Deploy and Manage Your Containers in the Next-Generation Container OS

Use immutable infrastructure to deploy and scale your containerized applications. Project Atomic mainly comprises Atomic Host, Team Silverblue, and various container tooling. cloud native platforms.

Atomic Host

Atomic Host provides immutable infrastructure for deploying to hundreds or thousands of servers in your private or public cloud. Available in Fedora Atomic Host, CentOS Atomic Host, and Red Hat Atomic Host editions depending on your platform and support needs.

To balance the need between long-term stability and new features, we are providing different releases of Atomic Host for you to choose from.

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Team Silverblue

Team Silverblue provides immutable infrastructure for your desktop experience. Team Silverblue

Container Registries

You can get your containerized applications from the CentOS Container Pipeline and the Fedora Layered Image Build Service

Trusted container content from the projects you already trust.

Learn more about Fedora Layered Images

Learn more about CentOS Container Pipeline

Community News

Announcing the Fedora CoreOS community!

Welcome to Fedora CoreOS

Earlier this year Red Hat acquired CoreOS, Inc.. In the past few months we have been working hard to evaluate the different technologies in the CoreOS Container Linux and Project Atomic spaces. Since Container Linux and Atomic Host overlap in functionality quite a bit we have decided to merge future development of the two projects so that we can combine our efforts and bring two great communities of people together to solve future challenges in the transactional update and container operating system landscape.

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Buildah version 1.1 Release Announcement

Buildah version 1.1 Release Announcement

buildah logo

We’re pleased to announce the release of Buildah version 1.1 which is now available from GitHub for any Linux distro. We are shipping this release on Fedora, RHEL 7, CentOS and Ubuntu in the near future.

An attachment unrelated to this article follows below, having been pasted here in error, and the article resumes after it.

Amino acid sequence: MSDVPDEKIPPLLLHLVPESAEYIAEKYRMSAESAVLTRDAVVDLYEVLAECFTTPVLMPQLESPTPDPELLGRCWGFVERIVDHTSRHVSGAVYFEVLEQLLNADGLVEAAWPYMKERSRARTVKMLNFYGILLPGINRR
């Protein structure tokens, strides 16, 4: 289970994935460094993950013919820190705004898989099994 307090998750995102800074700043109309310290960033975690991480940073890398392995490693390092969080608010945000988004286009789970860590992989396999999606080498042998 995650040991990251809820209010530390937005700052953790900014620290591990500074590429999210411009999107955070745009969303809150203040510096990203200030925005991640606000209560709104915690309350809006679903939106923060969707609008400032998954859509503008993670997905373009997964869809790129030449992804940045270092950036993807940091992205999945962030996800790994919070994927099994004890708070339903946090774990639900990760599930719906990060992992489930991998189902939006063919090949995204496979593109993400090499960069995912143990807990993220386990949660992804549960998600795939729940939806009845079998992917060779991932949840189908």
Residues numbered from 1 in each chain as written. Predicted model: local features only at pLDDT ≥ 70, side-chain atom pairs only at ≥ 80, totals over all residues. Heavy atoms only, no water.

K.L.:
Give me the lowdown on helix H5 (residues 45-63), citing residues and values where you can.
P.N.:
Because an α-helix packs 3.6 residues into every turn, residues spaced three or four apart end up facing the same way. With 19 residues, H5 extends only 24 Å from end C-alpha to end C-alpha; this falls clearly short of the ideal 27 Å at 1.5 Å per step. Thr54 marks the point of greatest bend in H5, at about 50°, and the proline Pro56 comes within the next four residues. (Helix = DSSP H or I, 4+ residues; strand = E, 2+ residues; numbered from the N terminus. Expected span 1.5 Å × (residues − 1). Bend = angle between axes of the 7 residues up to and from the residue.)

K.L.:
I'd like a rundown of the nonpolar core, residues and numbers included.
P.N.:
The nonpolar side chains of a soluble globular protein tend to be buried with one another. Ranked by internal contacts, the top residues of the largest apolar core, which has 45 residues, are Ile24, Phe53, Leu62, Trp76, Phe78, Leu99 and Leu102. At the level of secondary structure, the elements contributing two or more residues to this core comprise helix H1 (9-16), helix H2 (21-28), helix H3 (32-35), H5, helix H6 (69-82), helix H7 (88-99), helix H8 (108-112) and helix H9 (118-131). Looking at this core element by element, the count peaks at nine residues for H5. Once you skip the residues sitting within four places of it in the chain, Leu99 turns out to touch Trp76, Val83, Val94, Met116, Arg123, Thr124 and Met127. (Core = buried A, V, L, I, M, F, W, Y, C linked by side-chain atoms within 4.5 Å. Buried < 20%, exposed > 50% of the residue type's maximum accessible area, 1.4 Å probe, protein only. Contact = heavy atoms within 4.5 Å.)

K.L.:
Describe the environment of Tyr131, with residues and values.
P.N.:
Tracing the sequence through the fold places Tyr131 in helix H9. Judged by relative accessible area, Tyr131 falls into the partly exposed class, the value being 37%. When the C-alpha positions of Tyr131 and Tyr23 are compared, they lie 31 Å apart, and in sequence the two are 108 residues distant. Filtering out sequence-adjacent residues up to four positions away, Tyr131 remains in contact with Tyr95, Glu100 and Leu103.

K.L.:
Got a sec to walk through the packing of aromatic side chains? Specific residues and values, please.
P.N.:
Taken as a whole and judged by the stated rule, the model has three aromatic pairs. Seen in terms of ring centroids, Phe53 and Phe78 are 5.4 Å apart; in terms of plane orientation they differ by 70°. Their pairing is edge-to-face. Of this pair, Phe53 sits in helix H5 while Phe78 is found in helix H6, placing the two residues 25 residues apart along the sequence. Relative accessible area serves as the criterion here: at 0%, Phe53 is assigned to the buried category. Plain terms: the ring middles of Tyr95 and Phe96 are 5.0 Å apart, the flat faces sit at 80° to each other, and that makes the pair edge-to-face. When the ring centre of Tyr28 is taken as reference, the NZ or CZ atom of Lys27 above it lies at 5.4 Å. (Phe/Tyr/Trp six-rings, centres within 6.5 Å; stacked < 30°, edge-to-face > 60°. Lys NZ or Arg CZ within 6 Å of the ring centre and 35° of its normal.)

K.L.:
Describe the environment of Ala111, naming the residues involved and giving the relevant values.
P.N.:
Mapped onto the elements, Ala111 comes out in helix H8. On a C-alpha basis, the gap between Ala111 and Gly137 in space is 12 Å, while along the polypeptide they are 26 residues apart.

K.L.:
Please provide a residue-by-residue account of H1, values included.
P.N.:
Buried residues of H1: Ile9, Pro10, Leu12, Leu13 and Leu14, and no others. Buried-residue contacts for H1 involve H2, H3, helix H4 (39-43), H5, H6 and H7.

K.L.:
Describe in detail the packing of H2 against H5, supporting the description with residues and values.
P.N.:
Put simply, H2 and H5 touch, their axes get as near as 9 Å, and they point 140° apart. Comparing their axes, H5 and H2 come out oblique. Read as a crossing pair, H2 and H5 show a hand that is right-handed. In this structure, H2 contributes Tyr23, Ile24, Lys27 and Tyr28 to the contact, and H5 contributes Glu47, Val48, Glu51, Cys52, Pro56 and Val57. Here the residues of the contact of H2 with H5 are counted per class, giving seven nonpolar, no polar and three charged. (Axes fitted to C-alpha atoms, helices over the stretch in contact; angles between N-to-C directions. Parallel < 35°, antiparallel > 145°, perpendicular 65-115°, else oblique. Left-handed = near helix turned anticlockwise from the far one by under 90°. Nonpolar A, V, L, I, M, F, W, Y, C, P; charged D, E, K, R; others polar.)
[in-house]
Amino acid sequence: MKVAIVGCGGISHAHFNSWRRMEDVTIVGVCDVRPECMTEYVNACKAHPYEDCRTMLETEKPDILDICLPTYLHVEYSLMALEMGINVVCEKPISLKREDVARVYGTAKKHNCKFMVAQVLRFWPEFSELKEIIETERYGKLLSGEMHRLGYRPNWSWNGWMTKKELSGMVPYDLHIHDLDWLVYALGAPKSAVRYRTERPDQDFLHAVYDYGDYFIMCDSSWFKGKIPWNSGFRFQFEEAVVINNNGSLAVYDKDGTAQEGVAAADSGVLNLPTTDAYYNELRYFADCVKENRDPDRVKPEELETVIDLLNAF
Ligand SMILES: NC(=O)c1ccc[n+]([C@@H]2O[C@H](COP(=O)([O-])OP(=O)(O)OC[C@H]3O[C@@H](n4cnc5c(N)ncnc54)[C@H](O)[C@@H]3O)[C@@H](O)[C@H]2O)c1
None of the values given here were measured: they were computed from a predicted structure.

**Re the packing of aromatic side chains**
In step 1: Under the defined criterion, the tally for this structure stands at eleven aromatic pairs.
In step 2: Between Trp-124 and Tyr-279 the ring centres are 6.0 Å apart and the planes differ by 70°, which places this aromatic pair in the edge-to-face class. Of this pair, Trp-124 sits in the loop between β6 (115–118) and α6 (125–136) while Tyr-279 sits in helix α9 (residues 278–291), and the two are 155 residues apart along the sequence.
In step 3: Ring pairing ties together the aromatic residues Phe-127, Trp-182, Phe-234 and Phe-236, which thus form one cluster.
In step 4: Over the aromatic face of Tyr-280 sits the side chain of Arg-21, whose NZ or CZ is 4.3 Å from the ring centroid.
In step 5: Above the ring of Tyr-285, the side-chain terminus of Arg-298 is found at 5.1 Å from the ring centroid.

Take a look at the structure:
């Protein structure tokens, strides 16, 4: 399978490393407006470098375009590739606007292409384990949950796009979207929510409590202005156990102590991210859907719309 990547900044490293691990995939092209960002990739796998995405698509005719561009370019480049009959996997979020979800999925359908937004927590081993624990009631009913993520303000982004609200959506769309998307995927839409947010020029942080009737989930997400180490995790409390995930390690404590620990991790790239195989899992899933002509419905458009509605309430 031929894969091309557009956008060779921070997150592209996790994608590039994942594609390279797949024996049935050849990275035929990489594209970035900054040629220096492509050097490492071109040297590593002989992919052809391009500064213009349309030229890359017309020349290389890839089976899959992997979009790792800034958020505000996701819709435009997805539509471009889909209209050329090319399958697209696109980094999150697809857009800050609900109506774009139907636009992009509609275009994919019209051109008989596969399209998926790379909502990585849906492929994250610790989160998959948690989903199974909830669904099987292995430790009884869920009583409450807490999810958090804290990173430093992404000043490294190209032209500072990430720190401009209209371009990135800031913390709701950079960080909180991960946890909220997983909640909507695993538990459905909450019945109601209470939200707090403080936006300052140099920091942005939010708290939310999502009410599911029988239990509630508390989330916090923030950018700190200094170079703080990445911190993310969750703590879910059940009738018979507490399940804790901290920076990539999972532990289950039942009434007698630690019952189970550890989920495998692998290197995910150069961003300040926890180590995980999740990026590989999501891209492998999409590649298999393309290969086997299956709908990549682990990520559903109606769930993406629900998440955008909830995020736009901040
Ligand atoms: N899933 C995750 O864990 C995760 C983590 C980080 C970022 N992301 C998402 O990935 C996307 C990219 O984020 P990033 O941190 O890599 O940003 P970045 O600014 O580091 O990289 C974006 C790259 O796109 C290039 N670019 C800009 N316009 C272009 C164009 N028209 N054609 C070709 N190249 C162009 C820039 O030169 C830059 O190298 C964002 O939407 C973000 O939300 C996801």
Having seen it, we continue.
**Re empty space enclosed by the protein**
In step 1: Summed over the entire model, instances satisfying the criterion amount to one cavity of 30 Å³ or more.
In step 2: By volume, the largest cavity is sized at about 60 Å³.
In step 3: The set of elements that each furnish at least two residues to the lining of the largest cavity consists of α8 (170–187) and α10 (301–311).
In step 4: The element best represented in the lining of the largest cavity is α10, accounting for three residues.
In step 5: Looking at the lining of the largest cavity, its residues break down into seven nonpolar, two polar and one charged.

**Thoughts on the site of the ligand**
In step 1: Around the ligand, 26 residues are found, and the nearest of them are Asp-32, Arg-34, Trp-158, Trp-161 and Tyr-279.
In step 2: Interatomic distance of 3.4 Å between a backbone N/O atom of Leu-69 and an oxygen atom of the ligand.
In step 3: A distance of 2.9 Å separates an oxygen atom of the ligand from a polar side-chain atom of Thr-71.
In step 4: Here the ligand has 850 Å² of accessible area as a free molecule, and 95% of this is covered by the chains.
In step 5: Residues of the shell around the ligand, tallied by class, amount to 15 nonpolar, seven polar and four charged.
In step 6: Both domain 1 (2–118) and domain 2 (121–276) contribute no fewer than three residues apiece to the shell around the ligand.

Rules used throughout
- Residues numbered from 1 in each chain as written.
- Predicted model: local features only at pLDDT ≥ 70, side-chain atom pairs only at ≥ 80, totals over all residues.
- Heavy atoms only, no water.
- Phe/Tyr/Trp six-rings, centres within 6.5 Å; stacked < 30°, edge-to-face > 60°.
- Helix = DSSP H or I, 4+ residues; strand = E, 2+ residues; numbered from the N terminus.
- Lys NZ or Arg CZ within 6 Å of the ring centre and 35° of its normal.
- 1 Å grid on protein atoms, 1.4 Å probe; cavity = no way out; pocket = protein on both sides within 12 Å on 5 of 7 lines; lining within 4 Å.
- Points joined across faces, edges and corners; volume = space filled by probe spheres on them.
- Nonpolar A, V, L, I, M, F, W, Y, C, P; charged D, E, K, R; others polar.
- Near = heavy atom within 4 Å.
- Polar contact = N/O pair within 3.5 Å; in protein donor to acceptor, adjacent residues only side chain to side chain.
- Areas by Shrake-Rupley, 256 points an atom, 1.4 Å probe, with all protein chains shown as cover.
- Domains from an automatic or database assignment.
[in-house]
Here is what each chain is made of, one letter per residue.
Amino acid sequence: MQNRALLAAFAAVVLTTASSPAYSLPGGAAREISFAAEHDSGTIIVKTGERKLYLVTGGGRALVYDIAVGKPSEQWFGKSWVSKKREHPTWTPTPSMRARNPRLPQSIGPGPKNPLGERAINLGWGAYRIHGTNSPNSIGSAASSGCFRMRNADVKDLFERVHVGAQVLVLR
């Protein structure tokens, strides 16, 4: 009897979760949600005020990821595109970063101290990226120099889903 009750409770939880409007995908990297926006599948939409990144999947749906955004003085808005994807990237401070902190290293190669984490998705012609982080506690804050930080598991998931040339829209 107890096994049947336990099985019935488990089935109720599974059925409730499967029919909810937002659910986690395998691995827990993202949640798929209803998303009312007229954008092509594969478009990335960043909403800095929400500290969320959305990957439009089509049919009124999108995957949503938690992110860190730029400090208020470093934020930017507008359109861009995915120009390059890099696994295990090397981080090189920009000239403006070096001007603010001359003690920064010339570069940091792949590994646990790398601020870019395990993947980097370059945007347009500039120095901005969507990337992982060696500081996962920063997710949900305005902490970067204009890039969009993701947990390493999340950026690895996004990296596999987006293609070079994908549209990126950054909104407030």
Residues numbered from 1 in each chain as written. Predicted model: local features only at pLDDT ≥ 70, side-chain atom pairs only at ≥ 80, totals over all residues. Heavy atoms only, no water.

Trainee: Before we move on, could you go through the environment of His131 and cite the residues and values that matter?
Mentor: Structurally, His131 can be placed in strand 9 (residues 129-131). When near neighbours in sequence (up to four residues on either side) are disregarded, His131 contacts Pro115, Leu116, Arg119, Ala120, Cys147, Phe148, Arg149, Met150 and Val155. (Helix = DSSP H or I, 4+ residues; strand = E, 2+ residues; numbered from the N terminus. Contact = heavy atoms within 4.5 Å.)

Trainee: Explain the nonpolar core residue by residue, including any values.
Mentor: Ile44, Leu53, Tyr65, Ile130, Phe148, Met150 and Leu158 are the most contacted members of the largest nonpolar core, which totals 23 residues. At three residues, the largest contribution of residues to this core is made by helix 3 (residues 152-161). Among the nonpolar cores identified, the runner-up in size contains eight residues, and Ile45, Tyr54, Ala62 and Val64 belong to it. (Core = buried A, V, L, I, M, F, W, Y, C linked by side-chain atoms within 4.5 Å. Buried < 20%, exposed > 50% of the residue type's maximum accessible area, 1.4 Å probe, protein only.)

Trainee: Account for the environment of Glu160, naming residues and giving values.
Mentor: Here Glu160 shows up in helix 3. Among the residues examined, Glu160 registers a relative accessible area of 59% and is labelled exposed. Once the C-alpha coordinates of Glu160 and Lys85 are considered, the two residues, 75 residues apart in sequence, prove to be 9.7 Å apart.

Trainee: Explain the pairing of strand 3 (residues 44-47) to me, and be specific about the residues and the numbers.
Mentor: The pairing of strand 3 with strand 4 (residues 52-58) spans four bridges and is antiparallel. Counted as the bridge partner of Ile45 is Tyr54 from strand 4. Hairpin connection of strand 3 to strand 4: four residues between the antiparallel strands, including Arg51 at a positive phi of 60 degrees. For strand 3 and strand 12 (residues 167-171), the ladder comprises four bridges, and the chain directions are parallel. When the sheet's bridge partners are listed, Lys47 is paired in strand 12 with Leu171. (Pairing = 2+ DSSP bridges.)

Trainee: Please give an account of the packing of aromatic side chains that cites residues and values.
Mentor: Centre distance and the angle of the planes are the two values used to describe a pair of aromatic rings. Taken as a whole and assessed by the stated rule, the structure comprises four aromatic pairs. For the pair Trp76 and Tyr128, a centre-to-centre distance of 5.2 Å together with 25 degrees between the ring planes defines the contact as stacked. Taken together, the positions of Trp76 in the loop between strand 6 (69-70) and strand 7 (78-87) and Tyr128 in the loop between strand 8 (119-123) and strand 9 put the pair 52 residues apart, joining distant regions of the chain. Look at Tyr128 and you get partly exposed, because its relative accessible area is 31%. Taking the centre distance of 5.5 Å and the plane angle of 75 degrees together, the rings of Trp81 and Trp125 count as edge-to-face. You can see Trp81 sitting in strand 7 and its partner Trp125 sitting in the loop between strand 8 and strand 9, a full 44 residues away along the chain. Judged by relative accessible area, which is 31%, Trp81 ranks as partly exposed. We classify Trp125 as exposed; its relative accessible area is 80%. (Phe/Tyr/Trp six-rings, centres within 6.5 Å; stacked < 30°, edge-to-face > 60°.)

The Buildah project has continued to grow over the past several weeks, welcoming several new contributors to the mix, launching new functionality and creating a number of improvements and bug fixes.

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How to sneak secrets into your containers, without leaving a trace

Default mounts for all of your containers.

I was presenting OpenShift and really the underlying container technology we are building CRI-O, Buildah and Podman to some customers the other day. After the presentation, one of the customers came over to me and said, the biggest problem they have with their users building containers, was they needed to use certificates in the container in order to access their software repositories. But they did not want the certificates to end up embedded in the containers. I pointed out that Red Hat’s version of Docker allowed you to do volume mounts into containers during a docker build. Also Buildah had the same functionality. But he pointed out that they did not want everyone of their engineers to have to add the volumes, or if they were running a container and wanted to update software and they forgot the volume mount then they could not access the certificates.

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Problems Are Just Opportunities in Disguise

As a father who’s ushered one child through their teen years, and with two more in the teens now, I know about problems. Problems with the WiFi not working, or the shoes that are two months old and now two sizes too small. Those are the easy ones, the harder ones come in with sleepovers with their significant others, the broken down car after curfew or the death of a classmate. In my at-work life, I was explaining to my scrum master that I’d not been picking off any cards off our board in the past sprint because I’d spent all my time working on issues. He remarked that as a software engineer we’re not so much coders as we’re problem solvers. I guess I can’t escape problems either at work or at home.

Recently one of the folks that talks about Buildah, Podman, and other related container technologies at conferences sent me an email about a problem he was having with a demo script he was hoping to show.

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Building Kernel Modules with Podman

Building Kernel Modules on Atomic with Podman

The goal of this post is to explain how to build and load a kernel module inside a container using Podman.

Building and using third party kernel modules on Atomic is a challenging task. There are a handful of methods for supporting kernel modules on a Linux system such as kmods, akmods, DKMS, and manually building them by hand. Digging into all of the technical hurdles Atomic faces with each method is a very large topic and a bit out of scope for this blog post, so we will focus on DKMS for the time being.

Using DKMS on Atomic does not work as expected. This means using popular third party kernel modules such as NVidia drivers, VirtualBox, and WireGuard via their supported install methods will not work as a result, but I will explain how we can work around these limitations in this blog post.

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